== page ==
In 711, the army of the North African General Tariq ibn Ziyad swept into Spain.  The Visigoth king, Roderic, was betrayed by his own generals, and Tariq was helped by Jews who figured things couldn’t get any worse.  In fact, Muslims in the Middle East and North Africa did have a reputation for pluralism at that time.

Jews (and the Christian majority) under the next few hundred years of Muslim rule were allowed religious freedom and many new opportunities in academia, business, government, and the arts.  It would be called the Golden Age of Toledo.  Jews moved into Spain in large numbers, and the word got out that the Muslim rulers of Toledo were hiring scholars and administrators regardless of religion.  In fact, as the Muslims took over more and more territory, they often put Jews in charge of their newly-conquered cities.

By 838, Jews were so confident of their Spanishness that they began proselytizing to the Conversos. Here’s an unlikely, but true, scenario: a former Christian clergyman who became Jewish debated a Converso Bishop whose Jewish ancestors had turned Christian!

Below is a photo of the inside of a mosque constructed in 999, just as this age was about to get less golden.


The columns were taken from a Visigoth church and recycled for use in the mosque.   I was very surprised to find out that Muslims in Toledo prayed facing south, where the Caliph of Cordoba lived.   Muslim Spain became a rare exception to the rule You Pray Facing Mecca.   In the photo below, you can see the arches layered atop of each other in the central dome.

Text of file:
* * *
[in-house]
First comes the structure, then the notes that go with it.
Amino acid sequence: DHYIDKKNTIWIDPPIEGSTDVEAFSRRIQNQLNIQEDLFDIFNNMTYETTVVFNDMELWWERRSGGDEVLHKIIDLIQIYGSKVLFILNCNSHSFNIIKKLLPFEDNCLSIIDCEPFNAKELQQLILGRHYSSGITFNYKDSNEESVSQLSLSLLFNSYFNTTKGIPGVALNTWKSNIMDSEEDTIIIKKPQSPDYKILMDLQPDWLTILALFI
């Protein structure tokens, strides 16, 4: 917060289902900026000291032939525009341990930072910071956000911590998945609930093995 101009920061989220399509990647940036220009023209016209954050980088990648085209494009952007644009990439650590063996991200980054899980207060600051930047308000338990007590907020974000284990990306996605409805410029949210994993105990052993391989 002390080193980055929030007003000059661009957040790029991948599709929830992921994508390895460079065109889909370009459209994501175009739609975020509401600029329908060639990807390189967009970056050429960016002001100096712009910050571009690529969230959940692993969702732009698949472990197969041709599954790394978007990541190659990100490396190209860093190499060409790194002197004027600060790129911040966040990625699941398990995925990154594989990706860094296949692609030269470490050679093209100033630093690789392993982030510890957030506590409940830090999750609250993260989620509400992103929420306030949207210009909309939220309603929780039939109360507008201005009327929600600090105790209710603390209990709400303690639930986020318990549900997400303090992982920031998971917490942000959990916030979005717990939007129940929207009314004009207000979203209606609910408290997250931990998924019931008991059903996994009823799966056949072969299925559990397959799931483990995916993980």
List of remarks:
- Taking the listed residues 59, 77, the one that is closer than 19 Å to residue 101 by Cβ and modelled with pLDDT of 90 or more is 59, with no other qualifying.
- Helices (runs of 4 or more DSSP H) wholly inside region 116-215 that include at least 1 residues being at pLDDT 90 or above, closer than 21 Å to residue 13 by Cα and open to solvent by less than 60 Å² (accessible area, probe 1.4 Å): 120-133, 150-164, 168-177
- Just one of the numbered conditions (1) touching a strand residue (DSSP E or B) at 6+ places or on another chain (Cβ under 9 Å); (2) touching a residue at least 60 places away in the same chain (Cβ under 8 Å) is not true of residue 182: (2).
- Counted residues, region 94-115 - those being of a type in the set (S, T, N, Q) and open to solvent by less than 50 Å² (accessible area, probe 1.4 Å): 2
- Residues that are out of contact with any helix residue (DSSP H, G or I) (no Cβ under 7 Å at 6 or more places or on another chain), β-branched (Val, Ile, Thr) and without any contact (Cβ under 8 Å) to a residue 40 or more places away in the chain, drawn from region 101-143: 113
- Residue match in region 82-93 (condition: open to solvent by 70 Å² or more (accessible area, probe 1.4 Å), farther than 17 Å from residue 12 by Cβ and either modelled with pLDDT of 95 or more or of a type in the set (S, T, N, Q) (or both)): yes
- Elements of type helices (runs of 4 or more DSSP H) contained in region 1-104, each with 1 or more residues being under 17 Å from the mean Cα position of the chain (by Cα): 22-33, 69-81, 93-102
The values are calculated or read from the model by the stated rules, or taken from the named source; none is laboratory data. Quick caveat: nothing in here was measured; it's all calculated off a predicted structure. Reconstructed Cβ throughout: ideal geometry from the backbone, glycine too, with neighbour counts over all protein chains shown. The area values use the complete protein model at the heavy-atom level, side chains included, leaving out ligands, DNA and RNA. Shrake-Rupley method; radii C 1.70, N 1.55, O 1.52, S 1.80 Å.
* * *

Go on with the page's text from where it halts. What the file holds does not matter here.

But if you look down a bit, as in this next picture, you see something very surprising: a crucifix. In 1186, the Christians having re-taken Toledo, this mosque was given to a Christian order who doubled its size and turned it into a church very much in the Muslim style.


Just as Jews had helped the Muslims rule over the Christian masses in the wake of the Muslim takeover, during the re-conquest by Christians, Jews were often put in charge of formerly Muslim-dominated towns.  Being translators, administrators, diplomats, and sometimes even soldiers, the Jewish minority was often able to exploit its knowledge of “the other side.”

The photo below is the inside of a synagogue in Toledo from the Golden Age of the Three Faiths (I know: it looks like the mosque!).  It made me think of my friends in Omaha!